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The ties that bind Iran loosening code on Western styles of dre
TEHRAN, Iran -- They've been denounced as decadent, un-Islamic and a symbol of the oppressive West. But neckties are slowly coming back into fashion in Iran.
The reappearance of the tie confirms that the strict social code imposed after the 1979 Islamic revolution is giving way to moderation and variety.
The most obvious change is displayed by women, who once had to wear either head-to-toe chadors or bulky coats and dull head scarves. Makeup was forbidden.
Now, women are wearing cosmetics, brightly colored scarves and body-hugging jackets with little fear of the authorities.
Men are also making some leaps into once-prohibited territory: short-sleeved shirts, long hair and clean-shaven faces in defiance of the Muslim clerics who say facial hair pays homage to the bearded Prophet Muhammad.
Ties are joining the shake-up, though they are still rare.
"Wearing ties makes us look more respectable and nice. Most of our customers are very happy. Wearing a tie is part of our shop's discipline," said clothing store salesmen Mehdi Farahani, 22, dressed in a short-sleeved blue shirt and a black-and-white patterned tie.
The shop displayed ties in the window -- which could have brought fines even a few months back. The shop uses part of its tie revenue to buy books and stationery for poor children.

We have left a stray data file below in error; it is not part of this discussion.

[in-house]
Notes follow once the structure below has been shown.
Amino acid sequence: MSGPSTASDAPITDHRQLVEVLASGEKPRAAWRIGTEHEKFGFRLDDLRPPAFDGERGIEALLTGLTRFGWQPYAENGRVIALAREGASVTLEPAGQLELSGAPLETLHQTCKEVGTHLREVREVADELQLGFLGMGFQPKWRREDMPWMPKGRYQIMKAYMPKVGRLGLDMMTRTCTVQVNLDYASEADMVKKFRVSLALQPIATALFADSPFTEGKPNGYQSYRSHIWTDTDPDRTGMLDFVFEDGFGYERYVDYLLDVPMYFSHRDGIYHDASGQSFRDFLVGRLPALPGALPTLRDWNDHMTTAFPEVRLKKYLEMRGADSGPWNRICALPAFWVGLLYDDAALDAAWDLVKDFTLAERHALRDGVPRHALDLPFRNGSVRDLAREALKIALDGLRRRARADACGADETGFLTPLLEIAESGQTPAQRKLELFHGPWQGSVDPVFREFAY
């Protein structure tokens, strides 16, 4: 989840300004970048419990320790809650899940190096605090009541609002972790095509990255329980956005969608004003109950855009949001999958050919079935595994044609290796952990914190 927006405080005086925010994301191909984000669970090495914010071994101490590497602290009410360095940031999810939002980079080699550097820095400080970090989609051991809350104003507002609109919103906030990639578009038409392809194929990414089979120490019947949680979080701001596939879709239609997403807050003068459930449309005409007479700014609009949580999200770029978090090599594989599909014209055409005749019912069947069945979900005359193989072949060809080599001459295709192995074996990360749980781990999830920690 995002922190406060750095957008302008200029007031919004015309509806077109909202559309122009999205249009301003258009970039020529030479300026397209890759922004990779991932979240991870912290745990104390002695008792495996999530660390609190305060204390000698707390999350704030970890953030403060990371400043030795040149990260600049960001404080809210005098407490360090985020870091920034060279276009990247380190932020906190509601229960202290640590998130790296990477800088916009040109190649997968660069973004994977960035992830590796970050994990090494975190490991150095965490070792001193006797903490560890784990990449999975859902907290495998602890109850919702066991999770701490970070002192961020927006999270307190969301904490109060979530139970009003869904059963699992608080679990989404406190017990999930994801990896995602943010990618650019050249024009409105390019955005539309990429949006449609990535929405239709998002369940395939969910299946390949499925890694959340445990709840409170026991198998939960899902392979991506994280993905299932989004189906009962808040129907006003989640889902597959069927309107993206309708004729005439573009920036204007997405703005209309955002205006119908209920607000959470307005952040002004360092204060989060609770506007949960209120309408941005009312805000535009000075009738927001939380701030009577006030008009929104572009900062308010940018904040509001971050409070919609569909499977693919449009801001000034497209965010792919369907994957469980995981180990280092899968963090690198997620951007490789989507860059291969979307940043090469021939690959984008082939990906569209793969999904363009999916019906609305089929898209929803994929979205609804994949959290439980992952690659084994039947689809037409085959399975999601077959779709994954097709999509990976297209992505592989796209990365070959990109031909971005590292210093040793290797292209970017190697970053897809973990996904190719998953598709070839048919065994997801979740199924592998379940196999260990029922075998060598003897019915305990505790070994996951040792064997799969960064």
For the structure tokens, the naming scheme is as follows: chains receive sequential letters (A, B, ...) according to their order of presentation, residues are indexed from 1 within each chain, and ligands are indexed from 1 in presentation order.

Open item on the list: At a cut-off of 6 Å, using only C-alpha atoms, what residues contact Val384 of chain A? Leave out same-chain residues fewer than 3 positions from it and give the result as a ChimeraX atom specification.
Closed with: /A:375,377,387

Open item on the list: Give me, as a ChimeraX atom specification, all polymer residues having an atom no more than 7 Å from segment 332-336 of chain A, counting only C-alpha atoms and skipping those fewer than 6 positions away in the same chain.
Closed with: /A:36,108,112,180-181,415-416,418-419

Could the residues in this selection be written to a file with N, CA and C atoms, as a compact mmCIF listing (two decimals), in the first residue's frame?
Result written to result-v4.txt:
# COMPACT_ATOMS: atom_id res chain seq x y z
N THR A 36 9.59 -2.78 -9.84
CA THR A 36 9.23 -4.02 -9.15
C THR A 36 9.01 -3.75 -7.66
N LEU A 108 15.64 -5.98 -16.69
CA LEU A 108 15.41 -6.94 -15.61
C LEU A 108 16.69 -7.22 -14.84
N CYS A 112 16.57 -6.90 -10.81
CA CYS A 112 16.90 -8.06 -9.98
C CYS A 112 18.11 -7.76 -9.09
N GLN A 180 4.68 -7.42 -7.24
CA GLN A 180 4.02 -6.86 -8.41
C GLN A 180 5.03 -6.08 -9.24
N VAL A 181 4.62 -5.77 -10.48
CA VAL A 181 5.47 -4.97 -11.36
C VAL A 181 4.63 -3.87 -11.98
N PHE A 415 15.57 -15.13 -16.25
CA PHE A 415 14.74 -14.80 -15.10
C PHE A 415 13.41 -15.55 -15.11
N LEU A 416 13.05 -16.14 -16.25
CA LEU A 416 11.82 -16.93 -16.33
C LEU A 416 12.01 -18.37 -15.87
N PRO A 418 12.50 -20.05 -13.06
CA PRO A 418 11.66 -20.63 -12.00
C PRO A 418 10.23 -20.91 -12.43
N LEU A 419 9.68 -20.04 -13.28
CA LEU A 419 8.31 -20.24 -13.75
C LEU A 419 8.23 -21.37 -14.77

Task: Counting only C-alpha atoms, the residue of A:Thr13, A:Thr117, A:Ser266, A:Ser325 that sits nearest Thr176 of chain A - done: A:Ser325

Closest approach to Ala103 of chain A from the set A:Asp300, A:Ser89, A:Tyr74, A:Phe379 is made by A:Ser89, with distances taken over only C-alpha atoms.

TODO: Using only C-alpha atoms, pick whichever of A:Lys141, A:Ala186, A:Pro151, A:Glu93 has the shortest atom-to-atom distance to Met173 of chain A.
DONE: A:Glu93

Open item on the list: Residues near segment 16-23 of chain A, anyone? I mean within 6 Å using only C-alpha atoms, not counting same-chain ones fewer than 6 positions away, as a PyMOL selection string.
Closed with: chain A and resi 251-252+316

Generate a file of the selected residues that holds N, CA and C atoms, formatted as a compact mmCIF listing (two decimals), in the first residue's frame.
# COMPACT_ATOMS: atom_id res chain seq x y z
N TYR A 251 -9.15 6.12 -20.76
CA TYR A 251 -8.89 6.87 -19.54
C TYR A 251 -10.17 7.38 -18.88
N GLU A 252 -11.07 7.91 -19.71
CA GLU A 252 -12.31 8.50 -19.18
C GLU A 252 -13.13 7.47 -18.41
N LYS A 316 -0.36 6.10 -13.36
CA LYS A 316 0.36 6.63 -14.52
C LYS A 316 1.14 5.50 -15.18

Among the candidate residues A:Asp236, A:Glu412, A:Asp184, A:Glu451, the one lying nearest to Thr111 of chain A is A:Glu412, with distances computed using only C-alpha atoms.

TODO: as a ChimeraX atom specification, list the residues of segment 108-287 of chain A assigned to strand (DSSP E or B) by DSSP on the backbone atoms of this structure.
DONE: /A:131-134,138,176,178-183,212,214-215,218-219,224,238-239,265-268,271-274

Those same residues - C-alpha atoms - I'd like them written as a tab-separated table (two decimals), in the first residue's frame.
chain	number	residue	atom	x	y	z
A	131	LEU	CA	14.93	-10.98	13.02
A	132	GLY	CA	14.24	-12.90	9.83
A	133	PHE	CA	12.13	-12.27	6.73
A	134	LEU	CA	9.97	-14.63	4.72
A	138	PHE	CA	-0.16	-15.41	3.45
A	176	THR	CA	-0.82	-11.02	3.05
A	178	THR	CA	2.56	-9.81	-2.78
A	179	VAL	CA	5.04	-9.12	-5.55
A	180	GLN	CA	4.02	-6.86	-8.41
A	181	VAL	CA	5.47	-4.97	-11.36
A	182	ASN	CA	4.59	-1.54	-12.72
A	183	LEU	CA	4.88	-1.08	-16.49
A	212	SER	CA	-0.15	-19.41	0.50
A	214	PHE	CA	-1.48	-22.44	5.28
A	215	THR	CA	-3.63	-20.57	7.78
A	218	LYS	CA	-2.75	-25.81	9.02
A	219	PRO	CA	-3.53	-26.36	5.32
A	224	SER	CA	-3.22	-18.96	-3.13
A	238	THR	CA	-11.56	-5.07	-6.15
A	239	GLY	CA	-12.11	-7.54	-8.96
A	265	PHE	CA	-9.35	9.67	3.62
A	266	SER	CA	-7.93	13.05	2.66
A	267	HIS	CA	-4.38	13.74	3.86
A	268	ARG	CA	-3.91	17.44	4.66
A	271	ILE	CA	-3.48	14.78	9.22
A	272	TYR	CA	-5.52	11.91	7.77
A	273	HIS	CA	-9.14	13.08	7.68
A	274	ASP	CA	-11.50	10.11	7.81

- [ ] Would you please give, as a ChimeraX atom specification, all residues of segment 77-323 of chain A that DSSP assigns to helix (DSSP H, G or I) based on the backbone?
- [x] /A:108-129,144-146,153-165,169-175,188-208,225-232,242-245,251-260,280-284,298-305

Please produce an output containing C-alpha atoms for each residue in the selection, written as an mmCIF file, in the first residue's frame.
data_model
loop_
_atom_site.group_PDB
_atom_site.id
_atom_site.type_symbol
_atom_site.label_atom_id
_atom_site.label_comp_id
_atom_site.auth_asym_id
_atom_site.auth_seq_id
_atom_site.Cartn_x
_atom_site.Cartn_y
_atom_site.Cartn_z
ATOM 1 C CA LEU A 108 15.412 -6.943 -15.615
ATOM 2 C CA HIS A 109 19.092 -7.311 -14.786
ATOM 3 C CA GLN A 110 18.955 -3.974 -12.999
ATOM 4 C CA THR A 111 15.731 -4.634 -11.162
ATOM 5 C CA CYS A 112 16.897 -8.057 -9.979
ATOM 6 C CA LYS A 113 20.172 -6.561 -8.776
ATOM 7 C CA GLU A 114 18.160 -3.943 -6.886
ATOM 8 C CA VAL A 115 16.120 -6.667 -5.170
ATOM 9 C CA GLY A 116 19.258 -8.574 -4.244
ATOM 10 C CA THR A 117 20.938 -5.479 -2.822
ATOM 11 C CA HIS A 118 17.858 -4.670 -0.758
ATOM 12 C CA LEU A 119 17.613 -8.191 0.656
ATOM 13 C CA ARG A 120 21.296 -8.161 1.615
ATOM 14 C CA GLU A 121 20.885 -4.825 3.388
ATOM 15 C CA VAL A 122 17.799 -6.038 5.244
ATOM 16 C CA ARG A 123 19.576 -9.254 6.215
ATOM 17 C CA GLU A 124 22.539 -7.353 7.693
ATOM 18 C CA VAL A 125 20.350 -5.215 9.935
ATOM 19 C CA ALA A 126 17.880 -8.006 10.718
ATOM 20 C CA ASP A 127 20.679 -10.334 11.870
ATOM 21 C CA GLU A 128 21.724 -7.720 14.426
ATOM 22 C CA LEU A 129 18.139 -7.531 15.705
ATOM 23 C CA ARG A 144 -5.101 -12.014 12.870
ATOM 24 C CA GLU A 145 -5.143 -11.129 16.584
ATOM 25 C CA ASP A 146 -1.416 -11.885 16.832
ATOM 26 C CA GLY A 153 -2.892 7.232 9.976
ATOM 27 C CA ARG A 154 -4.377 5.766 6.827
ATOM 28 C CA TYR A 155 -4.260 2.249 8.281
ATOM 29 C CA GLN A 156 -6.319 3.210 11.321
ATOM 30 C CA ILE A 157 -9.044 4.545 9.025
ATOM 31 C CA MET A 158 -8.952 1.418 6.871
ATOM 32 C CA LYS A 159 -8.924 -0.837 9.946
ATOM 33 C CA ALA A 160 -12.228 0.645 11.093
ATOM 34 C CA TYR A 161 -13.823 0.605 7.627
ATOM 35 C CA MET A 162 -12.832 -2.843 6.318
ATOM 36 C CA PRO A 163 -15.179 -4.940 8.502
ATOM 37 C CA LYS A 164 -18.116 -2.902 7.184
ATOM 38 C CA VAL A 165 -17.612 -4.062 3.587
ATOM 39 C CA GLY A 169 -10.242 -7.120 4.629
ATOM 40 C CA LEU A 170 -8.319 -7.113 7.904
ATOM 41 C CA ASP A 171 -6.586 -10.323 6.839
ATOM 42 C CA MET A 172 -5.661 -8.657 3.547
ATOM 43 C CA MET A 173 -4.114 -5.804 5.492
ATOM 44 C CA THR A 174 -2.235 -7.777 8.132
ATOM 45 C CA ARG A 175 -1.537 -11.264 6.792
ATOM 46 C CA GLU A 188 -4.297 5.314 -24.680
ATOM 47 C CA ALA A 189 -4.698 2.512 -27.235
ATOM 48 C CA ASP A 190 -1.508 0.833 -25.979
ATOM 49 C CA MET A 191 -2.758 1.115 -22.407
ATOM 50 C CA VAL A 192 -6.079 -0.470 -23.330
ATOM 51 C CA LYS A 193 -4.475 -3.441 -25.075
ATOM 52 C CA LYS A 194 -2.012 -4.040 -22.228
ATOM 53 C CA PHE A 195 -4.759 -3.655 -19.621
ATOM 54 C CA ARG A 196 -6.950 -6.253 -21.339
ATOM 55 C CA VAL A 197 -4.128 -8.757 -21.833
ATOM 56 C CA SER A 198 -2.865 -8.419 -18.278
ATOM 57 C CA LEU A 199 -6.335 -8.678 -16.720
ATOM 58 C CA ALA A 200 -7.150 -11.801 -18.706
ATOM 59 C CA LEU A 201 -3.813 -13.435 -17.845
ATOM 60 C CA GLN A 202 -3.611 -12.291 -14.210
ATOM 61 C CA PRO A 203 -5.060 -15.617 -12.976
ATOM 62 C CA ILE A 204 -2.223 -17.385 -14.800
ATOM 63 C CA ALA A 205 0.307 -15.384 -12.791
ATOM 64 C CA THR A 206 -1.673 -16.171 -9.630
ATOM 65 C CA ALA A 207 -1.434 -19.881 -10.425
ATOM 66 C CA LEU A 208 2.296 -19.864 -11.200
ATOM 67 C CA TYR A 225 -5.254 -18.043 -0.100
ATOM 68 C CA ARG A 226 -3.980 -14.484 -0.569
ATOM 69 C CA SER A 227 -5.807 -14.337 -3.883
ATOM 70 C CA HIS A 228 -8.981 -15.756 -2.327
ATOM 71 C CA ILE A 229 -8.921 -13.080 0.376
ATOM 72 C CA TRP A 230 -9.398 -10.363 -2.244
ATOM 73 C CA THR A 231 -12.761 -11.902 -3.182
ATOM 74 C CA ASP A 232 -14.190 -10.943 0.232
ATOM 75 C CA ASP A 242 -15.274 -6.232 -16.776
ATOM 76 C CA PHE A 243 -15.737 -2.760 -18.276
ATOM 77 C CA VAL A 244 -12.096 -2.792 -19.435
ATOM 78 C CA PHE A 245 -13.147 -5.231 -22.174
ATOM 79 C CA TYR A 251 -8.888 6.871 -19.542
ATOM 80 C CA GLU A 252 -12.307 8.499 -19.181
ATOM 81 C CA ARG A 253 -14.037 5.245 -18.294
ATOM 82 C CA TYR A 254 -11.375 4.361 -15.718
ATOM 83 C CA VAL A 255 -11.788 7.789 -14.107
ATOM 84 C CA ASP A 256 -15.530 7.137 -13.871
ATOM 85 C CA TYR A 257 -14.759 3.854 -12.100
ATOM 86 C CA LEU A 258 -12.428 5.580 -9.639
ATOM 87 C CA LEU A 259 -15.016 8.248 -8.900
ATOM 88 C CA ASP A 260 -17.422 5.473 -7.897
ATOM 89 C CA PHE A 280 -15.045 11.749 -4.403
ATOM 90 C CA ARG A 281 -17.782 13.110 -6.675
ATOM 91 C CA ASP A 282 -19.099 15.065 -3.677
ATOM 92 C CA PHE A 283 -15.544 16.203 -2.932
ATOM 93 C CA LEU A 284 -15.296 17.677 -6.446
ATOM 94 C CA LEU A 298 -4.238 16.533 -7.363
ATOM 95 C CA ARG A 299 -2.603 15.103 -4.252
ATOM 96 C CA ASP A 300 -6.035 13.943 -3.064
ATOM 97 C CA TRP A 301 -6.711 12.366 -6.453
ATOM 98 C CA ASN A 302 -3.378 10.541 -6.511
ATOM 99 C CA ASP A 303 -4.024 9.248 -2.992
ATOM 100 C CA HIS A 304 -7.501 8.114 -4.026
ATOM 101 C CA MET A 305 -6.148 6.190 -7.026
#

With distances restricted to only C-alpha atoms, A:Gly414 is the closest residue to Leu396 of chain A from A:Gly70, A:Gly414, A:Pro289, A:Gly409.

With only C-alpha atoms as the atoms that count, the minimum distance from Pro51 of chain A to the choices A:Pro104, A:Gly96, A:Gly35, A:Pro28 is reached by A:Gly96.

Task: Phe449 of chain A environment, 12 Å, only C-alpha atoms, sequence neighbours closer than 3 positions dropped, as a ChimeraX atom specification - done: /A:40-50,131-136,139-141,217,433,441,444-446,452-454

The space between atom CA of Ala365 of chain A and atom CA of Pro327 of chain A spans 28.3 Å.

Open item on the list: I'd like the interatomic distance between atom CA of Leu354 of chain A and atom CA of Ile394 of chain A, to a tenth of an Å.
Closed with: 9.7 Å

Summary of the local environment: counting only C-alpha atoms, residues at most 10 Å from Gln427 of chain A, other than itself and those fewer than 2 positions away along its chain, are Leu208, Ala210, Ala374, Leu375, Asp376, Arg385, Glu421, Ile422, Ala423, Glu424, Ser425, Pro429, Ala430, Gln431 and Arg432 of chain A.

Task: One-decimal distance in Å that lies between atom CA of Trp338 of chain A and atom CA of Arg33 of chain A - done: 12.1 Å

Some snide remarks
Since the revolution, most Iranian men have worn long-sleeved shirts with collars but no ties. Neckties were once restricted to men at weddings or private parties.
But recently ties have been adopted by other workers in Tehran, including waiters, shop owners and hospital guards. They are still nowhere to be seen in government offices or other state-run enterprises.
At Mehr Hospital, where all the male staff now must wear ties, guard Mehdi Qasemi said the Western-style uniform gets a mixed response.
"Some welcome it, and some treat me with snide remarks," said Qasemi. The most common joke is to compare him to a tethered donkey and tell him not to break the rope.
Officials at the private Mahan Air said some of their pilots and stewards were now wearing ties.
In downtown Tehran, businessman Ali Bahadori walked along the busy Vali-e-Asr Avenue wearing a red tie with black dots. Most passers-by paid little attention, but a few looked twice.
Ties were never declared illegal, but they virtually disappeared from public view after the revolution. Any man with a tie risked being condemned as pro-Western and could have faced beatings or detention.
The loosening dress codes are part of reforms urged by President Mohammad Khatami since his election in 1997.
The government, however, doesn't reflect what's happening on the streets.
Government officials have their own unique uniform: a shirt without a collar that is buttoned around the neck. There is, of course, no tie. But a Western-style suit is acceptable.
"The 1979 Islamic revolution was mostly a cultural revolution. The tie is a symbol of the West and we don't want to be followers of the West," said a Foreign Ministry official who spoke on condition of anonymity.